Response of ocean ecosystems to climate warming
Sarmiento, Jorge L.
Slater, Richard D.
Barber, Richard T.
Doney, Scott C.
Hirst, A. C.
Kleypas, Joan A.
Matear, Richard J.
Spall, S. A.
MetadataShow full item record
We examine six different coupled climate model simulations to determine the ocean biological response to climate warming between the beginning of the industrial revolution and 2050. We use vertical velocity, maximum winter mixed layer depth, and sea ice cover to define six biomes. Climate warming leads to a contraction of the highly productive marginal sea ice biome by 42% in the Northern Hemisphere and 17% in the Southern Hemisphere, and leads to an expansion of the low productivity permanently stratified subtropical gyre biome by 4.0% in the Northern Hemisphere and 9.4% in the Southern Hemisphere. In between these, the subpolar gyre biome expands by 16% in the Northern Hemisphere and 7% in the Southern Hemisphere, and the seasonally stratified subtropical gyre contracts by 11% in both hemispheres. The low-latitude (mostly coastal) upwelling biome area changes only modestly. Vertical stratification increases, which would be expected to decrease nutrient supply everywhere, but increase the growing season length in high latitudes. We use satellite ocean color and climatological observations to develop an empirical model for predicting chlorophyll from the physical properties of the global warming simulations. Four features stand out in the response to global warming: (1) a drop in chlorophyll in the North Pacific due primarily to retreat of the marginal sea ice biome, (2) a tendency toward an increase in chlorophyll in the North Atlantic due to a complex combination of factors, (3) an increase in chlorophyll in the Southern Ocean due primarily to the retreat of and changes at the northern boundary of the marginal sea ice zone, and (4) a tendency toward a decrease in chlorophyll adjacent to the Antarctic continent due primarily to freshening within the marginal sea ice zone. We use three different primary production algorithms to estimate the response of primary production to climate warming based on our estimated chlorophyll concentrations. The three algorithms give a global increase in primary production of 0.7% at the low end to 8.1% at the high end, with very large regional differences. The main cause of both the response to warming and the variation between algorithms is the temperature sensitivity of the primary production algorithms. We also show results for the period between the industrial revolution and 2050 and 2090.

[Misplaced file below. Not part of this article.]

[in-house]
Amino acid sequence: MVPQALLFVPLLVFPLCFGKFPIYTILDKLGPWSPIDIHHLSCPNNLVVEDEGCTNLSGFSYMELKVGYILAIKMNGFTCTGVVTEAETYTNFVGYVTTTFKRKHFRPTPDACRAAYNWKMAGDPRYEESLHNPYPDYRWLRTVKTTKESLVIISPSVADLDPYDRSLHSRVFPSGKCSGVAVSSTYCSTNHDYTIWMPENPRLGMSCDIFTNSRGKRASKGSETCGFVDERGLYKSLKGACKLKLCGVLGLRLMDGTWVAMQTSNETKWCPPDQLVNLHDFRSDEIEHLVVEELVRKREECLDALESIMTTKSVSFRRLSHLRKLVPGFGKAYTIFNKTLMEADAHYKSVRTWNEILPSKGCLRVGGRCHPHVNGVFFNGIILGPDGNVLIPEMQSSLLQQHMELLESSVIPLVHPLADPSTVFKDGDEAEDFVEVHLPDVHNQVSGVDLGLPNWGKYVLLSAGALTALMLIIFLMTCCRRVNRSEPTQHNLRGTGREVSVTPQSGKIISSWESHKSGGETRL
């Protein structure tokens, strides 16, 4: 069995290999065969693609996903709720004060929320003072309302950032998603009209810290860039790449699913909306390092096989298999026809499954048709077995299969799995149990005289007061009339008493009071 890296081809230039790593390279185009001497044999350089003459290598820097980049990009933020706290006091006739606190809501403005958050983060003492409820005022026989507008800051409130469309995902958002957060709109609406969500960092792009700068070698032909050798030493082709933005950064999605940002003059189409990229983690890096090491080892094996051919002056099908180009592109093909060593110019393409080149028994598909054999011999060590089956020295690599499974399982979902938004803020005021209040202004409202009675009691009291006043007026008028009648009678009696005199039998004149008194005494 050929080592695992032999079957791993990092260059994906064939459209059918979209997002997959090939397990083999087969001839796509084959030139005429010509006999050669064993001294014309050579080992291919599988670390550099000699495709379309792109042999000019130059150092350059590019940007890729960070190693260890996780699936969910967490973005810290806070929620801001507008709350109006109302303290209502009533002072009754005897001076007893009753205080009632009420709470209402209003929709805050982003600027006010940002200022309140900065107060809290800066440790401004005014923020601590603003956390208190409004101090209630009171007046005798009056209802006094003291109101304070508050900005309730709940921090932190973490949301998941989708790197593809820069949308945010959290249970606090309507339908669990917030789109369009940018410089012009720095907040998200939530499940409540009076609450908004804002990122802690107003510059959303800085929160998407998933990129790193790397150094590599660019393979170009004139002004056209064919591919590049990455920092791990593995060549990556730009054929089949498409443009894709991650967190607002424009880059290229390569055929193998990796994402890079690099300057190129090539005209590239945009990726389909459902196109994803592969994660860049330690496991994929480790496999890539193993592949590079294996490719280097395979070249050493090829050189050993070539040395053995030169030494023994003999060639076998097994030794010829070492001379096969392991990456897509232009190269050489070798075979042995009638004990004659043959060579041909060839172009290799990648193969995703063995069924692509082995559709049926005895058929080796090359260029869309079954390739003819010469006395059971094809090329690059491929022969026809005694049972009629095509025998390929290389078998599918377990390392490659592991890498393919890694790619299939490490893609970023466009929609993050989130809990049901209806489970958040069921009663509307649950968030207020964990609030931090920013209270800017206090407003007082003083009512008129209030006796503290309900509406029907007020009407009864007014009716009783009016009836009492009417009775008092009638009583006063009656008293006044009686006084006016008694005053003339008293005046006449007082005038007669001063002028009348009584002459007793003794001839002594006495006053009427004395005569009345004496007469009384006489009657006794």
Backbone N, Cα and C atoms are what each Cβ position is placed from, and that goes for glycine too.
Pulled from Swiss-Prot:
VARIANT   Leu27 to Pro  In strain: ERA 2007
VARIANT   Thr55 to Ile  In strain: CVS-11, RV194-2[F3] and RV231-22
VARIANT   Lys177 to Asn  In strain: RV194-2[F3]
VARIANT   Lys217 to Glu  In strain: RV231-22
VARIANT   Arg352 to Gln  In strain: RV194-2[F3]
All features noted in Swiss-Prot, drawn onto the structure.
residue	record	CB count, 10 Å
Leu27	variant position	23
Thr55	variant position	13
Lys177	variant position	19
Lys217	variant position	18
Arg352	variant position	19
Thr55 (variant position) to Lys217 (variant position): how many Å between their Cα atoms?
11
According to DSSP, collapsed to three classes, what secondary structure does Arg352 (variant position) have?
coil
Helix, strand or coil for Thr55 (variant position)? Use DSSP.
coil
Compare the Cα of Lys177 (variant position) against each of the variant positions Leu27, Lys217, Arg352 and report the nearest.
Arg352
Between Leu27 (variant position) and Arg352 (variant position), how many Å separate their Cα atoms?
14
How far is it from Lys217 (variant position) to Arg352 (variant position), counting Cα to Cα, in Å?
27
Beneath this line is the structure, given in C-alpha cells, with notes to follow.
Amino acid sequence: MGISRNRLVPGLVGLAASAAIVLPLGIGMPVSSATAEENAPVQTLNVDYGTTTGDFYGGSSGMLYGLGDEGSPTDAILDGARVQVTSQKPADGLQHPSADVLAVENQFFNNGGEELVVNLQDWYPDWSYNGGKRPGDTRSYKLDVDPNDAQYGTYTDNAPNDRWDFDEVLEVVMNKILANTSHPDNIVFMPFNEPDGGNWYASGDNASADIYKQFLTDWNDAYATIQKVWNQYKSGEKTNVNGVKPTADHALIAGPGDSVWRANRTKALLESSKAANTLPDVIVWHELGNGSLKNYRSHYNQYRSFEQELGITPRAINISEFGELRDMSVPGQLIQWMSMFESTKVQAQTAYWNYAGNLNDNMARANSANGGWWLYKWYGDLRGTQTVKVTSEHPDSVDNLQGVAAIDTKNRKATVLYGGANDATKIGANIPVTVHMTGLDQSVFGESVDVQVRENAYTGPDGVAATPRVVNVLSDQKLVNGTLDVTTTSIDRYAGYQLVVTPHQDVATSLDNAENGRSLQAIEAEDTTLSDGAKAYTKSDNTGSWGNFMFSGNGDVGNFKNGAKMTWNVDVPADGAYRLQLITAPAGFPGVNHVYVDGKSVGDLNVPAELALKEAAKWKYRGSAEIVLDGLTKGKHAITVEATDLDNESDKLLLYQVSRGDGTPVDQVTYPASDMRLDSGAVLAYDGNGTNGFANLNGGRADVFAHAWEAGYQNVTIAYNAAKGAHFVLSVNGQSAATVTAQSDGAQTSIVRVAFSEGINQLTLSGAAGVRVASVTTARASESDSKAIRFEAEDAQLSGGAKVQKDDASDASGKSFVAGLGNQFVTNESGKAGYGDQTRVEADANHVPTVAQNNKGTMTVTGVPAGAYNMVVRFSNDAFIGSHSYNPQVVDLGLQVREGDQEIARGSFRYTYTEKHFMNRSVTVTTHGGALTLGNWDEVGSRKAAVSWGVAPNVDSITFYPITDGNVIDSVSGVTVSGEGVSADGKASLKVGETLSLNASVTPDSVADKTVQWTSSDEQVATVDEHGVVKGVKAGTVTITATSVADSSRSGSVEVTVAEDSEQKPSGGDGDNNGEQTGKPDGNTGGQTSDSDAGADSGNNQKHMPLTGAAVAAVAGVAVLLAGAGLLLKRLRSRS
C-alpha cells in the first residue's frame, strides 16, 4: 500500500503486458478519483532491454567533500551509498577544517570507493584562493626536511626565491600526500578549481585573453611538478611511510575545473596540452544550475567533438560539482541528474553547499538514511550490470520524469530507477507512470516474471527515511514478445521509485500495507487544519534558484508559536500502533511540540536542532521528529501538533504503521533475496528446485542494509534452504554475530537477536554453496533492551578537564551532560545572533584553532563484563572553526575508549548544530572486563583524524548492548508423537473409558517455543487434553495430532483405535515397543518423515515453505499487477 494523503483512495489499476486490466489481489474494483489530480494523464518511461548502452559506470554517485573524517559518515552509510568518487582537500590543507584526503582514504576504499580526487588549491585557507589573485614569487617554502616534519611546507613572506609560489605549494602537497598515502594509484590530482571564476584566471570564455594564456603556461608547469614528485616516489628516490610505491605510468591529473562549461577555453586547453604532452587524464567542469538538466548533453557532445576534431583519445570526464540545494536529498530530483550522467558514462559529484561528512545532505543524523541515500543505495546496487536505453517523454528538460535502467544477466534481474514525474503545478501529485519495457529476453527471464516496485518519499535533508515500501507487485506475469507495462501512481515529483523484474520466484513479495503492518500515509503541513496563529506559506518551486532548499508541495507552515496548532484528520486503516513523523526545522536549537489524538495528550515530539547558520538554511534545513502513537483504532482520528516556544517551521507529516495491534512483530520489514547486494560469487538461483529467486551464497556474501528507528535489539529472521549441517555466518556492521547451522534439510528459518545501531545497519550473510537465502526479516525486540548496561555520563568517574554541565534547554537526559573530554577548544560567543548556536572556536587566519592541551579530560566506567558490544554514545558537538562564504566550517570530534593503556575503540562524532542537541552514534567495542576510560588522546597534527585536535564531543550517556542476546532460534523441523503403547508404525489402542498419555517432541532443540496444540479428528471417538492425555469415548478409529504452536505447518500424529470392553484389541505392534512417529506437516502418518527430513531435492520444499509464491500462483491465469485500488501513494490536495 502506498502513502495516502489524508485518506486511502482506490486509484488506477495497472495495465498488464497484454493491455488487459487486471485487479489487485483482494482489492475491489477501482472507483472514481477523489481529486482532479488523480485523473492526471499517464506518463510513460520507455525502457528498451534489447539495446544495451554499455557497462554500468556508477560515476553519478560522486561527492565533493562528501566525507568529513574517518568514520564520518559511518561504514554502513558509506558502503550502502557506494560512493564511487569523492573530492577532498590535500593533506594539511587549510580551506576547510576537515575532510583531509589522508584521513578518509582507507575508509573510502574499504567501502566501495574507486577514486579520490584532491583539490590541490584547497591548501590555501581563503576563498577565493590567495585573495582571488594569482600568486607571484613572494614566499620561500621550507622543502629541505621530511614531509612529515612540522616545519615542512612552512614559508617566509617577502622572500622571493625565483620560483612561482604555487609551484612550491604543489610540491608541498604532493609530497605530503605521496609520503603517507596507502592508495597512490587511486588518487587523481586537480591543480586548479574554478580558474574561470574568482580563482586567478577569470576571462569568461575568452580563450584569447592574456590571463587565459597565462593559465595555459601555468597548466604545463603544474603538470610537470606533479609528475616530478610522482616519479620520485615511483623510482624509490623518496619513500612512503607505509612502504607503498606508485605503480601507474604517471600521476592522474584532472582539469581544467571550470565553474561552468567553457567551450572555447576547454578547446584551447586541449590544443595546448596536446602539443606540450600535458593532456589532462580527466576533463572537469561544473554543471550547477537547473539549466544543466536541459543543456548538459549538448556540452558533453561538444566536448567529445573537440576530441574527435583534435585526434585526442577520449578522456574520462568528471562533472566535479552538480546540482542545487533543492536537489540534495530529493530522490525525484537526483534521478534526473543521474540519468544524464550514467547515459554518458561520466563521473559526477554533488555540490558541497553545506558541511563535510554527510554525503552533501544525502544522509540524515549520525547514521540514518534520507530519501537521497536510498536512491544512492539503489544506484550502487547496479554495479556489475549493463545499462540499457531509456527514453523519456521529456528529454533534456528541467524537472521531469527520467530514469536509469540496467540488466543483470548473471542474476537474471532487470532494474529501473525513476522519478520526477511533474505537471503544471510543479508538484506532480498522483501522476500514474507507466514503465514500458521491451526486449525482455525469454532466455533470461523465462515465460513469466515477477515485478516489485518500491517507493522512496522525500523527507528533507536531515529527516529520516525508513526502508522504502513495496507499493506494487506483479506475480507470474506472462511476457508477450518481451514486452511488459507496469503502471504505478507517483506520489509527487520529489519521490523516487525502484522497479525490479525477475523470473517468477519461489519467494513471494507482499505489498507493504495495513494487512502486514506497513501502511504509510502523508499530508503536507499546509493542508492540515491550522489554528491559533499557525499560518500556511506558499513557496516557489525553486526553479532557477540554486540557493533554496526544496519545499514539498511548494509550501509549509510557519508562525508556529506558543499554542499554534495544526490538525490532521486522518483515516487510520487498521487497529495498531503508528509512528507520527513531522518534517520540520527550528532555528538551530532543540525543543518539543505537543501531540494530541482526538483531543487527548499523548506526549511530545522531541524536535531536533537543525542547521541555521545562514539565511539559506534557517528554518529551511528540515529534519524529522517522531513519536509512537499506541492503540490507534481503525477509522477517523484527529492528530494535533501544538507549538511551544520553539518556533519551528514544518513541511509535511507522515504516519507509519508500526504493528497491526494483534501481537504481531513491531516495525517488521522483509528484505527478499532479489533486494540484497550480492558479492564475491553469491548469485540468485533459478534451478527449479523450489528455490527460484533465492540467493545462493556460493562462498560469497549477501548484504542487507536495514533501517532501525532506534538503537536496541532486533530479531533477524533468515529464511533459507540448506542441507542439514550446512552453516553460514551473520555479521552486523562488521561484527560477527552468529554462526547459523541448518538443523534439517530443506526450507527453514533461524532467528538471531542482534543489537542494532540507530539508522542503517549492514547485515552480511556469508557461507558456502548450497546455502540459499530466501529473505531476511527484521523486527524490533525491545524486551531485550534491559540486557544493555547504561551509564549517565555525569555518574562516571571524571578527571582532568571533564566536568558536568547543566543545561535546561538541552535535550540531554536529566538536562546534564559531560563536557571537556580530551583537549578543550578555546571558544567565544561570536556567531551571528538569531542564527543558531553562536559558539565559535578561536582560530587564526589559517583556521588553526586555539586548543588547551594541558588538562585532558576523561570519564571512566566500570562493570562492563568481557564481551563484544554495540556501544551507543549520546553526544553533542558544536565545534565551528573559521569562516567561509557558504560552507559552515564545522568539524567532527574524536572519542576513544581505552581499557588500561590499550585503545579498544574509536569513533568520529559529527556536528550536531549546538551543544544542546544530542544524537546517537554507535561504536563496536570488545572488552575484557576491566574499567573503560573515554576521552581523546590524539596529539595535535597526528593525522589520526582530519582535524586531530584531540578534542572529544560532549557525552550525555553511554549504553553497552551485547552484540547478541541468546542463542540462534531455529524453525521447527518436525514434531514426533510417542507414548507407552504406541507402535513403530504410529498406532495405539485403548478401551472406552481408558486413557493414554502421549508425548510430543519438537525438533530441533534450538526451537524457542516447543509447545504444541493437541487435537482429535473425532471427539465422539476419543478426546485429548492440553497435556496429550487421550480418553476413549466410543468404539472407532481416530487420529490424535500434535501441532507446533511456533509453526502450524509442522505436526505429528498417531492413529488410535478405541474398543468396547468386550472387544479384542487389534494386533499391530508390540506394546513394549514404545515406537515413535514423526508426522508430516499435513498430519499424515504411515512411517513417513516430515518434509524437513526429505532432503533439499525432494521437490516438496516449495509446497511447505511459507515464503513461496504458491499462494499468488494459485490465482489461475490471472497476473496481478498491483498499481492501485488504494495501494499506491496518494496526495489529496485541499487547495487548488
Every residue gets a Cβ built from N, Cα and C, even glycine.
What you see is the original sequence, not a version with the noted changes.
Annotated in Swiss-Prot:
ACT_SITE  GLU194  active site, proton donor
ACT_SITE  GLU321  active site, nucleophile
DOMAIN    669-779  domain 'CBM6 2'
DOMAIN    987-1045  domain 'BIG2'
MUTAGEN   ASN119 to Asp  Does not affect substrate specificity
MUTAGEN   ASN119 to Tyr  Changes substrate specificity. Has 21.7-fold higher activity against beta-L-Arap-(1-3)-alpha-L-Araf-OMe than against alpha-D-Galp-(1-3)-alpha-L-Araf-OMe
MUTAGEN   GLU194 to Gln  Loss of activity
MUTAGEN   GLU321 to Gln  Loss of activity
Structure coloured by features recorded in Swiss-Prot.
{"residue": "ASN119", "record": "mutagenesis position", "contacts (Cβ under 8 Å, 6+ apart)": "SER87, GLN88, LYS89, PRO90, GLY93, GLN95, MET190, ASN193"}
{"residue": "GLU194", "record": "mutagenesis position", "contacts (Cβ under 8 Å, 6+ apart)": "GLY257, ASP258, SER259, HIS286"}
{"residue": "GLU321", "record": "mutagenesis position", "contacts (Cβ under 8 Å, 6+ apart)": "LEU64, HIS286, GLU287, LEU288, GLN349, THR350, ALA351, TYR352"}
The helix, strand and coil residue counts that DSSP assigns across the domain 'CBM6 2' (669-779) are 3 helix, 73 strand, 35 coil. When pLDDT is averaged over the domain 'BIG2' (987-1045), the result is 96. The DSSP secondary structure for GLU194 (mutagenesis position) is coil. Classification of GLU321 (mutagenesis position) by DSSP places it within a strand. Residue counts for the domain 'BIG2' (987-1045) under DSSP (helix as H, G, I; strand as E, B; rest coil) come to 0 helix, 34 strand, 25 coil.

Author Posting. © American Geophysical Union, 2004. This article is posted here by permission of American Geophysical Union for personal use, not for redistribution. The definitive version was published in Global Biogeochemical Cycles 18 (2004): GB3003, doi:10.1029/2003GB002134.
Showing items related by title, author, creator and subject.
The impact of the North Atlantic Oscillation on the uptake and accumulation of anthropogenic CO2 by North Atlantic Ocean mode waters Levine, Naomi M.; Doney, Scott C.; Lima, Ivan D.; Wanninkhof, Rik; Bates, Nicholas R.; Feely, Richard A. (American Geophysical Union, 2011-09-21)The North Atlantic Ocean accounts for about 25% of the global oceanic anthropogenic carbon sink. This basin experiences significant interannual variability primarily driven by the North Atlantic Oscillation (NAO). A suite ...
Changes in ocean heat, carbon content, and ventilation : a review of the first decade of GO-SHIP Global Repeat Hydrography Talley, Lynne; Feely, Richard A.; Sloyan, Bernadette M.; Wanninkhof, Rik; Baringer, Molly; Bullister, John L.; Carlson, Craig A.; Doney, Scott C.; Fine, Rana A.; Firing, Eric; Gruber, Nicolas; Hansell, Dennis A.; Ishii, Masayoshi; Johnson, Gregory; Katsumata, K.; Key, Robert M.; Kramp, Martin; Langdon, Chris; Macdonald, Alison M.; Mathis, Jeremy T.; McDonagh, Elaine L.; Mecking, Sabine; Millero, Frank J.; Mordy, Calvin; Nakano, T.; Sabine, Chris L.; Smethie, William; Swift, James H.; Tanhua, Toste; Thurnherr, Andreas M.; Warner, Mark J.; Zhang, Jia-Zhong (2015-05-30)The ocean, a central component of Earth’s climate system, is changing. Given the global scope of these changes, highly accurate measurements of physical and biogeochemical properties need to be conducted over the full water ...
Can Australian multiyear droughts and wet spells be generated in the absence of oceanic variability? Taschetto, Andrea S.; Sen Gupta, Alexander; Ummenhofer, Caroline C.; England, Matthew H. (American Meteorological Society, 2016-08-19)Anomalous conditions in the tropical oceans, such as those related to El Niño–Southern Oscillation and the Indian Ocean dipole, have been previously blamed for extended droughts and wet periods in Australia. Yet the extent ...